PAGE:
But let us remember, this is a Beatles album, it cannot simply be referred to as a treacherous album. Wherever the instrumentation brings the album down, the covers sure gain With the Beatles major plus points. (Except for the corny Until There Was You, taken from Meredith Wilson’s The Music Man
) Rollover Beethoven fairs as the best cover. The Beatles capture the incomparable mood of Chuck Berry as if it was nothing at all, with swift guitar riffs and all the other typical bru-ha-ha. With the opening guitar riff of the song, you can almost picture John reenacting the signature Berry move, otherwise known as the duckwalk. Money (That’s What I Want) ends the album on a fairly strong note. The vocals are a bit shabby, but for a song that is driven by both a piano and a guitar at the same time, it passes the usual standards with flying colors.
And let us not forget about their very own songs. It Won’t Be Long is an excellently crafted track. It starts the album so suddenly that the listener will be unsuspecting of the musical deities that await him or her. It Won’t Be Long is the
definition of an early Beatles song: full of flare, pop, and fun, attributing to the enjoyable aspect of the song. All My Loving could be referred to as an ancestor to Back In the U.S.S.R. With Paul’s slick vocals and presumptuous bass line, as well as the simple guitar line offered from the duo of Rickenbacker’s, All My Loving makes for an almost obvious observation sitting in the open, waiting to be meddled with. Don’t Bother Me is the only contribution George makes to With the Beatles. We’ve seen better contributions from the quiet Beatle, but keep in mind that this is his first ever contribution made towards the Beatles. Aside from the main guitar riff, which needs tweaking, Don’t Bother Me moves along swiftly.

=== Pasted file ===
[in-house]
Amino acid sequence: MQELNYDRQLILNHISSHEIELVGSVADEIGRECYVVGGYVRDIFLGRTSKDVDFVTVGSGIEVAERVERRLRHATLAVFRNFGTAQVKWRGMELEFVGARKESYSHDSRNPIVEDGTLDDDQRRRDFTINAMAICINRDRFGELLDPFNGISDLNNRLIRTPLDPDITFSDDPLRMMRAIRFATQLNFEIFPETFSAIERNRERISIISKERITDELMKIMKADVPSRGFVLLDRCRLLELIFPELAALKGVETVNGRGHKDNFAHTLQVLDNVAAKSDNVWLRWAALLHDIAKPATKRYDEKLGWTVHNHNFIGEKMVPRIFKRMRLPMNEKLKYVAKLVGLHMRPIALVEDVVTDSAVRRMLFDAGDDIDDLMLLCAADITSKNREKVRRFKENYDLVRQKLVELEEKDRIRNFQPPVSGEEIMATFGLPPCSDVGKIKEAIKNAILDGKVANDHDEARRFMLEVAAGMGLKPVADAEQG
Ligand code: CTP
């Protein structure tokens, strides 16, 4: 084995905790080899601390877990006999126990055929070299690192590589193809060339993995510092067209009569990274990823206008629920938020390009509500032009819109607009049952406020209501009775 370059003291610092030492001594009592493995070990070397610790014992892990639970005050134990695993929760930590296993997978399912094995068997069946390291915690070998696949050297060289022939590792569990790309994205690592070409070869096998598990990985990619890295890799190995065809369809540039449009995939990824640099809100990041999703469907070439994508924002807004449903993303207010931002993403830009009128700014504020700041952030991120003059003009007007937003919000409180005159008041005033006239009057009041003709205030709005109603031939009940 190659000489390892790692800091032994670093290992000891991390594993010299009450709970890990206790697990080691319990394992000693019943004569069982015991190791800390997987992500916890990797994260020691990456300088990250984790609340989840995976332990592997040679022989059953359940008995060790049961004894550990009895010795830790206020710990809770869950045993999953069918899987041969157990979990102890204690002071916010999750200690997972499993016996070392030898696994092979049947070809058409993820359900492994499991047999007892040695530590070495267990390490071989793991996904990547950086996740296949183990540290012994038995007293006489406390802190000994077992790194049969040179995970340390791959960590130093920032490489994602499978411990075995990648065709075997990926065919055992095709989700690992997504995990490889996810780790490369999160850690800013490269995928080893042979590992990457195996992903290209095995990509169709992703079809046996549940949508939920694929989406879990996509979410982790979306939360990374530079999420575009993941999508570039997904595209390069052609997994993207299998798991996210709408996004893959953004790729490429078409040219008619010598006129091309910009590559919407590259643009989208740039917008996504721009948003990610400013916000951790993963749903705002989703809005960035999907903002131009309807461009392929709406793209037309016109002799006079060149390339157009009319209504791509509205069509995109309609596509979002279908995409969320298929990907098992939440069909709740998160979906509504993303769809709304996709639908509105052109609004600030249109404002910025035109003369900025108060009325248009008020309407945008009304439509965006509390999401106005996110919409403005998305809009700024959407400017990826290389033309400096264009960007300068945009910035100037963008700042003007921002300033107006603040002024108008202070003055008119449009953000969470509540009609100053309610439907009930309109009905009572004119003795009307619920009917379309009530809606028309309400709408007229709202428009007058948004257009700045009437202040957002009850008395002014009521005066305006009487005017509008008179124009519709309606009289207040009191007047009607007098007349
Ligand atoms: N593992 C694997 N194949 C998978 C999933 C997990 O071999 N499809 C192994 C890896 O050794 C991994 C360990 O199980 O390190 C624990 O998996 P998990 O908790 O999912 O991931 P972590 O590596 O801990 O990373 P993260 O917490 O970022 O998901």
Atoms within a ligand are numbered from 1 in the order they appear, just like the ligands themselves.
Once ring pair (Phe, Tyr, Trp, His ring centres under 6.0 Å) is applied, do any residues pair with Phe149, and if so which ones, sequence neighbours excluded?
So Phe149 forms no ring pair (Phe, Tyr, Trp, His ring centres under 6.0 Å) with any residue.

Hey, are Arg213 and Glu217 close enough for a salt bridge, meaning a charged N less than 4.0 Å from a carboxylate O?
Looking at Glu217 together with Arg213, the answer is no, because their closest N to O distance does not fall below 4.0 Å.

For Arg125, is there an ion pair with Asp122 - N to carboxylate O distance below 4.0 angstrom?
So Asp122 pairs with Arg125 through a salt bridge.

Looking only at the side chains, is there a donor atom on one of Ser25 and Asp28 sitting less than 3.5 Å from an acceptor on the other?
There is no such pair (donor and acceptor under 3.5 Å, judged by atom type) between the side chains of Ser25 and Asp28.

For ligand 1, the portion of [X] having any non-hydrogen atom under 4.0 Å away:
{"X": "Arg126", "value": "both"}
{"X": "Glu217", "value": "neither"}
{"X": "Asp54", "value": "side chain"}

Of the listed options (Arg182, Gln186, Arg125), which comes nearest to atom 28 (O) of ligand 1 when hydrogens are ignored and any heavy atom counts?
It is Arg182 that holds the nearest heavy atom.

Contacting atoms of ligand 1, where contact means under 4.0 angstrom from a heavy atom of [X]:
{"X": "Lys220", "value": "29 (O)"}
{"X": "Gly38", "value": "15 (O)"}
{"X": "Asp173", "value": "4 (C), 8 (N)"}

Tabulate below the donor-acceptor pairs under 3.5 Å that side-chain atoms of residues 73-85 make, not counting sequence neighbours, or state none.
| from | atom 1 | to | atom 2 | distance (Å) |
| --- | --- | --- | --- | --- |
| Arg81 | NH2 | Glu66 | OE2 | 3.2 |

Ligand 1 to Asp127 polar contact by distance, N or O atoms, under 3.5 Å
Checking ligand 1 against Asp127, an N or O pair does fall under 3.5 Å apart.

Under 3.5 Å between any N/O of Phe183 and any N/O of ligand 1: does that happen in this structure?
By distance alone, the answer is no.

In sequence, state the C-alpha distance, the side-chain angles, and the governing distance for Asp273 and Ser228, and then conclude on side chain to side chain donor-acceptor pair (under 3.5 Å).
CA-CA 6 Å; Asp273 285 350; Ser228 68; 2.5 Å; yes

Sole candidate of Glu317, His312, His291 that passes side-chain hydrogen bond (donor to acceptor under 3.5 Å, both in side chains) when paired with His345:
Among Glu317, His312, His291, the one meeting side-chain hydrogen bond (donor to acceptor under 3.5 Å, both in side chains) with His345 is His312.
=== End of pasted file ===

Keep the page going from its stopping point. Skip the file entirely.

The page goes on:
The Beatles have always been infamous for the facsimile subjects they enjoy incorporating into the albums of their repertoire. And the subject that’s mustered into this particular album the most? Love. But of course, how could we have guessed any other subject? Until Rubber Soul, every Beatles album revolved around love and girls. Typical, really. And at points on With the Beatles, especially with All I’ve Got To Do, and Till There Was You, the love ballads can weaken a fairly robust album. But at the same time, you’ve got to enjoy them. Because of tracks such as, Hold Me Tight and I Wanna Be Your Man, the fab can churn what one would think as a fairly corny tune into a catchy Beatles ballad.
With the Beatles is a step down from the usual frenetic Beatles album. The album doesn’t mean to show us the poppy side of the band that has been dubbed the most phenomenal pop band the world has ever seen, but it rather means to gives us a taste of who and what the band was influenced by. And with a cd that’s run time is only thirty-two minutes long, one has to wonder if this cd really made a difference in the fabled career of the Beatles. Of course it did at the time of it’s release, but now, not so much, especially when compared to the likes of Revolver or The White Album. To put it in the best terms, With the Beatles is Beatlemania at its most bland point in existence. But hey, every band has to start somewhere, right?